Rating the Presidents

Economy 9

Civil Rights 6

Domestic Affairs 8

Foreign Affairs 9

Honesty/Integrity 7

Average: 7.8

Friday, June 11, 2004

Let Reason Prevail

In some of the more scathing anti-Reagan rants that have been posted over the last several days, I've been reminded of something FDR's grandson said about how--in the 15 years or so after his grandfather died--people would approach him and express their vitriolic HATE of FDR.

Reagan has been out of the public eye for ten years. During his time in office, and the five years before he went public with his Alzheimer's, there were numerous critical books written about him. After 1994, those books ceased, partly out of respect, but mostly because publishers thought negative books on Reagan would not sell.

Just as there was an anti-FDR backlash after he died (hence the 22nd Amendment) so too there was an anti-Reagan backlash after he left office (even Bush Sr. had a small hand in that, when he spoke of a "kinder and gentler" America, Nancy Reagan was said to have asked, "Kinder and gentler than who?").

It takes time to look back in history with real perspective. FDR is still a controversial figure in some circles, but most historians consider him the greatest President of the 20th Century. I don't think Reagan deserves to be ranked with FDR, but I do believe he was better than average--and certainly better than the alternatives in 1980 and '84.

Ronald Reagan 1911-2004

Rating the Presidents

Ronald Reagan, 40th President: 1981-1989

Economy: When Reagan was elected in 1980, the economy had nowhere to go but up. High inflation (13%), high interest rates, and slow economic growth had combined to create the dreaded term “stagflation.” Reagan pushed through a broad series of tax cuts in the summer of 1981, which initially provoked an even deeper recession in early 1982, but which in turn tamed inflation and brought about lower interest rates. The taming of inflation and lower interest rates sparked an economic recovery beginning in 1983. By 1984, reelection year, the economy was smoking, but genuine prosperity was mostly confined to those in the higher income brackets. Additionally, despite his promise to reduce the size of the Federal government, spending skyrocketed during the Reagan Era, producing unprecedented deficits. While it was convenient to blame the Democratic controlled Congress for the high deficits, in fact the budgets Congress approved invariably had lower debt/asset ratios than those proposed by the White House. Anxiety over deficits and the savings and loan crisis provoked the Stock Market crash of 1987, but the economy generally continued functioning well. By 1989, however, the near tripling of the national debt had taken its toll and the country headed into another, milder, recession.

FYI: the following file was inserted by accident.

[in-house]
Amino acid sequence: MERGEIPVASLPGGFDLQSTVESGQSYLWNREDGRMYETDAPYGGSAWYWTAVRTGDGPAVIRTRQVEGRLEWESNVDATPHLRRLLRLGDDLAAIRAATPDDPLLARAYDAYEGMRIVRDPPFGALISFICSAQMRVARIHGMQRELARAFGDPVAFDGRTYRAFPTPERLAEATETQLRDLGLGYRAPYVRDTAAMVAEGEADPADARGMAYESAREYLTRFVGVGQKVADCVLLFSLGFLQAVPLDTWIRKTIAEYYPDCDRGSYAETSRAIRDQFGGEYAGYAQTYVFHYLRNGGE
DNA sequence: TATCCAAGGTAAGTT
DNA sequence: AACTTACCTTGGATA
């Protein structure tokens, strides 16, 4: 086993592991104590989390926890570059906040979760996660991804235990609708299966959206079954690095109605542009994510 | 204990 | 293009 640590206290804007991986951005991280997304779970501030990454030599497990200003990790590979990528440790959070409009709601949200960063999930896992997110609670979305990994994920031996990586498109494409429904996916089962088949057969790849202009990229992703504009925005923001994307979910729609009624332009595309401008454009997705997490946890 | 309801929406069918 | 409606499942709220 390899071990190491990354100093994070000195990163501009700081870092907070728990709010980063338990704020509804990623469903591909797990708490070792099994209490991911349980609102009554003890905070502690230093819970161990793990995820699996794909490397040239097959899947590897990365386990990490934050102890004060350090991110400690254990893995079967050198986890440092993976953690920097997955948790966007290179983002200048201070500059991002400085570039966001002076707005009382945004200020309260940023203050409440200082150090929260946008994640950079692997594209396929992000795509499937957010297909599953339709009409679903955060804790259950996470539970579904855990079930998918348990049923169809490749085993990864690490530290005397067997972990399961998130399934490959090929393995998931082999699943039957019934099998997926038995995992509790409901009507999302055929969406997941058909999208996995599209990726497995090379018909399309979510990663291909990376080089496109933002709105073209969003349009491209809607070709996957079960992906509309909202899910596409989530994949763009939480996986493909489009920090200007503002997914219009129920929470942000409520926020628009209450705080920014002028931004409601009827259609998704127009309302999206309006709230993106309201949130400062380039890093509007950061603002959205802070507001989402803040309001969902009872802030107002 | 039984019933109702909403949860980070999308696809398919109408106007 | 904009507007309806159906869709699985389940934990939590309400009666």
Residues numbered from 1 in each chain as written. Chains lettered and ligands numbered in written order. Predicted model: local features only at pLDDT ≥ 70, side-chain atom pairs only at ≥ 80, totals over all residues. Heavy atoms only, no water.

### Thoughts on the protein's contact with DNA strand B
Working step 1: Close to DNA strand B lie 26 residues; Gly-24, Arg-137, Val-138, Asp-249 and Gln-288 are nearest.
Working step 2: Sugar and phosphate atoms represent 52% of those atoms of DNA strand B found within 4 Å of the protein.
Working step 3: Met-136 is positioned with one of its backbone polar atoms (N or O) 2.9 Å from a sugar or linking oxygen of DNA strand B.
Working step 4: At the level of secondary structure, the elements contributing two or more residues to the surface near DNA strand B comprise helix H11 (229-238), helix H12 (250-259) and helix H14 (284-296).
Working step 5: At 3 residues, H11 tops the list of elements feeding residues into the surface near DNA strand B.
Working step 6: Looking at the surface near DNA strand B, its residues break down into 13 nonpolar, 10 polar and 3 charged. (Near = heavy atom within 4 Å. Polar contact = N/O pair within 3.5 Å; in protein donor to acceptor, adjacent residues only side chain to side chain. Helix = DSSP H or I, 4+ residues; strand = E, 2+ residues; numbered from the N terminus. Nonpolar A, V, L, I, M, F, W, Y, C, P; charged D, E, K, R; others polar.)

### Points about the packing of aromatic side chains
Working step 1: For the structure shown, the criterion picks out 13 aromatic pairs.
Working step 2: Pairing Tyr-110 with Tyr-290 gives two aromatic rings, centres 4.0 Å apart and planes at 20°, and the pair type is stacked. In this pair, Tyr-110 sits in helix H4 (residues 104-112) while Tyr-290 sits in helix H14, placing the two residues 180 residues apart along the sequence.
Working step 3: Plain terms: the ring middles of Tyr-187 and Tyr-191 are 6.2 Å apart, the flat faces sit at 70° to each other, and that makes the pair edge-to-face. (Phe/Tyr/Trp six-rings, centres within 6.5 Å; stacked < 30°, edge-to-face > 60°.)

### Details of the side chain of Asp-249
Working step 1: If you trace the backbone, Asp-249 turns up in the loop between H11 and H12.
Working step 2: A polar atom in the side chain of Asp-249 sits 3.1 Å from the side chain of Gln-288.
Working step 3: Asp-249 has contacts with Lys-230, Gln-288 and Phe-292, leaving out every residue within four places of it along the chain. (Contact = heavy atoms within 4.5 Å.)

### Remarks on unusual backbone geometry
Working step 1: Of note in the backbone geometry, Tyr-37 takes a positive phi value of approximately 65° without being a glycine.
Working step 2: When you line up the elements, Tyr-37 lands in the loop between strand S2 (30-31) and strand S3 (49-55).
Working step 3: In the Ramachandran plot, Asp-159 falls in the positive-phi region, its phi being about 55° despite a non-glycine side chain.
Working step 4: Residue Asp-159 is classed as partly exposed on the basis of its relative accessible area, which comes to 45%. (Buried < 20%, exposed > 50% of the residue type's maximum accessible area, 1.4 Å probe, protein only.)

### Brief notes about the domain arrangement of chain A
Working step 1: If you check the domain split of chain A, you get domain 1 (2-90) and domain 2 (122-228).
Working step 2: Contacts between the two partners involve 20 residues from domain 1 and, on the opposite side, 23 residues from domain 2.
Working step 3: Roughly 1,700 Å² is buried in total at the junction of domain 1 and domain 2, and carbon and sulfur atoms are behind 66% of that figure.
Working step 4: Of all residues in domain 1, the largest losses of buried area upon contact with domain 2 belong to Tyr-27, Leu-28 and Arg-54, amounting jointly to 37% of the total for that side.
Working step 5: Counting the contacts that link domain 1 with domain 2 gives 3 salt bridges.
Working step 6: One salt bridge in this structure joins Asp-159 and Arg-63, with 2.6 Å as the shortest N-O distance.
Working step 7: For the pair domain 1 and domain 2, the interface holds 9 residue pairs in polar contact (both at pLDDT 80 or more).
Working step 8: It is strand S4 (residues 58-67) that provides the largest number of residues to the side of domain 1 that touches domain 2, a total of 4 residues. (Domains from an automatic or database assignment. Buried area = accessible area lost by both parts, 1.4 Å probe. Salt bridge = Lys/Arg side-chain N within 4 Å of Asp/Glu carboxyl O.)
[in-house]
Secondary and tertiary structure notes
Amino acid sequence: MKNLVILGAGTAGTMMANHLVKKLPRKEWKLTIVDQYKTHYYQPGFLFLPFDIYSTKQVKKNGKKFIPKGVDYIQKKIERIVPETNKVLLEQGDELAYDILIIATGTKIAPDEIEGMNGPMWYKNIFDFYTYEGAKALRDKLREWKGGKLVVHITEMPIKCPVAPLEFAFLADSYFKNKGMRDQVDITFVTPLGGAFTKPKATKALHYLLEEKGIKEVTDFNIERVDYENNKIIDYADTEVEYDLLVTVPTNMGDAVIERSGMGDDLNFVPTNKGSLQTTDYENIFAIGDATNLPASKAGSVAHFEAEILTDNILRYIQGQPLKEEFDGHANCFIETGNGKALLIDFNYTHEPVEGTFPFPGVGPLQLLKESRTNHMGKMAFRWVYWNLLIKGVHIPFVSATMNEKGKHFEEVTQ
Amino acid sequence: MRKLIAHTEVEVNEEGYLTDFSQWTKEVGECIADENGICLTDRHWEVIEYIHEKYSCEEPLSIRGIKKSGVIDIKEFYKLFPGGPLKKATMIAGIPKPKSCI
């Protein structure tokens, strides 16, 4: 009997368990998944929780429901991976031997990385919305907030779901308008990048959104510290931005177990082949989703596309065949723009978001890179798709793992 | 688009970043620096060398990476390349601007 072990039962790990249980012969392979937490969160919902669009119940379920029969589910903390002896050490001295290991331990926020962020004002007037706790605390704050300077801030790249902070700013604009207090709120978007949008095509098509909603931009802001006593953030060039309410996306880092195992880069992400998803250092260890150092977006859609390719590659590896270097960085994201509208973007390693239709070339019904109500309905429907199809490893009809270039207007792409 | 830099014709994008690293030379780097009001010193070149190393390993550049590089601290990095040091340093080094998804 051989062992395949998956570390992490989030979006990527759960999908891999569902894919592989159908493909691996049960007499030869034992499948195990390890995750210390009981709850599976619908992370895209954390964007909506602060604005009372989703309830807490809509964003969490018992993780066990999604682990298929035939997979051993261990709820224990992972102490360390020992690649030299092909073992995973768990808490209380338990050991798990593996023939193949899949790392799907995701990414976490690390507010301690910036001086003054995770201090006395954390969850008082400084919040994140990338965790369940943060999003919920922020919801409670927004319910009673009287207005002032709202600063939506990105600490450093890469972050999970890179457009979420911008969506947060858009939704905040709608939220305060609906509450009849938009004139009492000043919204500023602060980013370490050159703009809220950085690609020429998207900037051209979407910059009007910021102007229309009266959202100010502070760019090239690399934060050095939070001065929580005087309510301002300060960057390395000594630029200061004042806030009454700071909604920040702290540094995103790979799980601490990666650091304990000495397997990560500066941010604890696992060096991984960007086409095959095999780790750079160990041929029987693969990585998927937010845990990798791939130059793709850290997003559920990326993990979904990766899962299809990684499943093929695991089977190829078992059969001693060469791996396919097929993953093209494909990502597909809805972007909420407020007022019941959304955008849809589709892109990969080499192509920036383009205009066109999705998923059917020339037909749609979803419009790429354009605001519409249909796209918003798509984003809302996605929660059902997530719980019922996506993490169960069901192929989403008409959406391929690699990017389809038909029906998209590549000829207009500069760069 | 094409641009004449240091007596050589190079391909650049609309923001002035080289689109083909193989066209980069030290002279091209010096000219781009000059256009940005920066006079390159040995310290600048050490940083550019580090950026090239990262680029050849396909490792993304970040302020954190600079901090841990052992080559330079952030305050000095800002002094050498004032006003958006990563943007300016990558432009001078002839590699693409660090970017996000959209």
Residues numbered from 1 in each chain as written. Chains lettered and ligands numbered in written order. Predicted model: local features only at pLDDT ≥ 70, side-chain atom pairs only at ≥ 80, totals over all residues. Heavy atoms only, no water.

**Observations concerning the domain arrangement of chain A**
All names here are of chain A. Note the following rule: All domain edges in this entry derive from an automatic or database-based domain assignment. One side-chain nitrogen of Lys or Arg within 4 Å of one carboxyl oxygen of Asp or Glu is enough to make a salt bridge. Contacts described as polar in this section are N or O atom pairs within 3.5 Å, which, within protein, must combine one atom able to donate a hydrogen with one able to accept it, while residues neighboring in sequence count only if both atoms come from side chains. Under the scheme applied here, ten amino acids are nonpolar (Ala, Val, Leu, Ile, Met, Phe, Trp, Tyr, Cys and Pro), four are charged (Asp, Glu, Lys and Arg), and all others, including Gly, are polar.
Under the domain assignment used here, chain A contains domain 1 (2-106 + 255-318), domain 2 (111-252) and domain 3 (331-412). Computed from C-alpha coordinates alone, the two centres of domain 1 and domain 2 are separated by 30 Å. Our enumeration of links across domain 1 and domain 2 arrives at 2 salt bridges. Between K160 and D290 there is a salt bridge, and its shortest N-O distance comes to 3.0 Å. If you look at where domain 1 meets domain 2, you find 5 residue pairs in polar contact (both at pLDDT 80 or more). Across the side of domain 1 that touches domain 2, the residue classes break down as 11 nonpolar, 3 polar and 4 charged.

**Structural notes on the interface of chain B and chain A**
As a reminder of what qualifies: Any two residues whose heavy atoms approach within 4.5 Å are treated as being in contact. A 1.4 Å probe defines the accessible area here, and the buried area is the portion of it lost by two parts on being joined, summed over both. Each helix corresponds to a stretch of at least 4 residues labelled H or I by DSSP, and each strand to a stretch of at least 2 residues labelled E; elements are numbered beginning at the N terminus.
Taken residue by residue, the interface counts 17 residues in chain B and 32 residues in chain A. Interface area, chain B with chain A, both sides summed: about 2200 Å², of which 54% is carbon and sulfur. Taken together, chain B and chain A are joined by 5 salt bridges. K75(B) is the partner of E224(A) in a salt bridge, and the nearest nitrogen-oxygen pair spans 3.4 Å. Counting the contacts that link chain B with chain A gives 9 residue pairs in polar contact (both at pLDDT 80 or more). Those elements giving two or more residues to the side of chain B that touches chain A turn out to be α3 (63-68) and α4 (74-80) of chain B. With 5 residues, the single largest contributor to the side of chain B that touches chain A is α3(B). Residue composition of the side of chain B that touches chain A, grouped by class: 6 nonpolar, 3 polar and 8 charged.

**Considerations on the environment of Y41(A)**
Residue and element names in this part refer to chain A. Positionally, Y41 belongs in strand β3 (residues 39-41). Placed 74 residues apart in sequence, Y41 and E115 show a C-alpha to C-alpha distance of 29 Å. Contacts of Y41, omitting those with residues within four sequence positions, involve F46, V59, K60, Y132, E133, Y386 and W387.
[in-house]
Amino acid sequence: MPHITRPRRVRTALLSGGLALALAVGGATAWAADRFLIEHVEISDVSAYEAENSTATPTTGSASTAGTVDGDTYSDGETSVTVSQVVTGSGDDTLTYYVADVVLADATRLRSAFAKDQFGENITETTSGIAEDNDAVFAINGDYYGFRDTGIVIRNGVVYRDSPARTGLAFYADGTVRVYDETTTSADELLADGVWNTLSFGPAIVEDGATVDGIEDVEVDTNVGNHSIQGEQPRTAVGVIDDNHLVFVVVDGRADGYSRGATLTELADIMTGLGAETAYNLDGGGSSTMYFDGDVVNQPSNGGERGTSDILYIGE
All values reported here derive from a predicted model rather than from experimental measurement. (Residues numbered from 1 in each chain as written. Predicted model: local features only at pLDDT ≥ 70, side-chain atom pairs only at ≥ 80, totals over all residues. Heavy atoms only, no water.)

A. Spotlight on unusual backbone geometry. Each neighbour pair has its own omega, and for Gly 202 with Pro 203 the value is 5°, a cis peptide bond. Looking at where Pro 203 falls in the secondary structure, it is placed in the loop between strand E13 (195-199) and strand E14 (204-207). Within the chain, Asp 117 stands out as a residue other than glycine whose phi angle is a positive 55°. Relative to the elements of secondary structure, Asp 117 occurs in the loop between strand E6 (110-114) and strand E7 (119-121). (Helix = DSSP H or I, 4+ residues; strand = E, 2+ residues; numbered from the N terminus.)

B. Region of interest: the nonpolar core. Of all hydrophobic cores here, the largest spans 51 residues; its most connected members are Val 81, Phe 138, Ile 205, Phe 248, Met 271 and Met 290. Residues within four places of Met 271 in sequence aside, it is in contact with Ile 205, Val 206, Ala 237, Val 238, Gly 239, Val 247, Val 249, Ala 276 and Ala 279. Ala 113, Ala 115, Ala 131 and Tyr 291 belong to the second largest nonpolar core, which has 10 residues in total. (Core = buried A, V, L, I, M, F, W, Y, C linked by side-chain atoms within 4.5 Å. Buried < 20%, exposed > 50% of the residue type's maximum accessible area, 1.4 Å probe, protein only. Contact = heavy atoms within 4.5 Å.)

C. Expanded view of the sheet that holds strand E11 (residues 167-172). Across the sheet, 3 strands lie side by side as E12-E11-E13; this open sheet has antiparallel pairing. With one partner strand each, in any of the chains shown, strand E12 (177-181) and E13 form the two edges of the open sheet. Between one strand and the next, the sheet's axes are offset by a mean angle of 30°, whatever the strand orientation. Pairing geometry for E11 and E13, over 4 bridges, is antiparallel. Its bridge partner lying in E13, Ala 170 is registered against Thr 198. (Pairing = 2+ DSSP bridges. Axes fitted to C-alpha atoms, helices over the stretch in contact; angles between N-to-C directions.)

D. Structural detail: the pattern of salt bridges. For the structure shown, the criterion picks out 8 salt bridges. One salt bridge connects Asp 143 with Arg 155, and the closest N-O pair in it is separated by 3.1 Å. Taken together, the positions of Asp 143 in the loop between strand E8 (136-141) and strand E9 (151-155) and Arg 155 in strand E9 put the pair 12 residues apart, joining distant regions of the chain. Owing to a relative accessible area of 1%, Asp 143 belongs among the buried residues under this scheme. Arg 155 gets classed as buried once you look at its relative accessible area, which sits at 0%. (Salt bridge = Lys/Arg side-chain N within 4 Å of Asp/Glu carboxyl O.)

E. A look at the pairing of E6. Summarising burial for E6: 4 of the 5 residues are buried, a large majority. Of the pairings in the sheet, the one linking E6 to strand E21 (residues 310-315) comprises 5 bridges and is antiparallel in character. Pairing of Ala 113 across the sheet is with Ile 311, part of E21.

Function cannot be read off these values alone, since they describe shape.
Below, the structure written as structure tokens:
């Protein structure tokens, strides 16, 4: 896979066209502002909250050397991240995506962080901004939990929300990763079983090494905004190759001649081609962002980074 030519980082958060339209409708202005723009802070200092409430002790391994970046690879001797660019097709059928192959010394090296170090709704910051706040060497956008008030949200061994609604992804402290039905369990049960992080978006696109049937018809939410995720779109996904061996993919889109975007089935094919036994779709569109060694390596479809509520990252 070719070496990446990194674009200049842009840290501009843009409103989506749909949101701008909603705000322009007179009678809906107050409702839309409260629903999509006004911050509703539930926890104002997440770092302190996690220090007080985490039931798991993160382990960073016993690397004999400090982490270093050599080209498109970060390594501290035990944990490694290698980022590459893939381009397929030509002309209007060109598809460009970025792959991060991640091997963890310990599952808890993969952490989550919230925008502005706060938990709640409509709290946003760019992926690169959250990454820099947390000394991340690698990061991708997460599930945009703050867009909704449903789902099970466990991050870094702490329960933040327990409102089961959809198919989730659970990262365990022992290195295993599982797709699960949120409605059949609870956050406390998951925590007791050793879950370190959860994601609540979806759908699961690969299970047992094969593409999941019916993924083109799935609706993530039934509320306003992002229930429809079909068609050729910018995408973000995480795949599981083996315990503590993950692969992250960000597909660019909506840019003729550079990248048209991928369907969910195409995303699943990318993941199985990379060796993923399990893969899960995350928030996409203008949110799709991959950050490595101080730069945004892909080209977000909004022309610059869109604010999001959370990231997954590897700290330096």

Civil Rights: In 1964, Reagan initially opposed the Civil Rights Act as an intrusion of the Federal government into State authority. During his tenure as President, Reagan opposed an expansion of existing civil rights laws, and opposed the creation of new civil rights laws to cover homosexuals. However, he did not roll back existing laws. His appointments to the Supreme Court, particularly Antonin Scalia, generally favored a strict-constructionalist philosophy, which held the Constitution should be interpreted within 18th Century parameters. Two of his appointments, Justices O’Connor and Kennedy, turned out to be more moderate than conservative.

Domestic Affairs: Reagan was painfully slow to respond to the looming AIDS crisis of the 1980s. Money for research into GRID, as it was then known, was painfully scant. Indeed, the Federal Government made no attempt to inform the public about ways to protect themselves from AIDS until 1986, when Surgeon General C. Everett Koop, acting on his own initiative, sent informational pamphlets to every household in the United States. Far right conservatives were up in arms about Koop’s advocacy of the use of condoms to prevent transmission and demanded Koop’s dismissal. Reagan, despite his own reservations about the mailing, refused to fire Koop. During the 1980s, much of the country’s infrastructure was neglected, which put a greater strain on local and state governments. Despite his philosophy calling for a retreat of Federal power in favor of more local control, Reagan strong armed state governments on several issues. During his second term, he threatened to hold back Federal highway funding to states unless they raised the drinking age to 21, which they promptly did. Reagan ran on an anti-welfare platform, but was unable to work out a deal with Democrats to reform the Welfare system. Welfare would go unreformed until the Clinton Era. Reagan also ran on a platform calling for a return to prayer in public schools and an end to abortion, neither of which happened.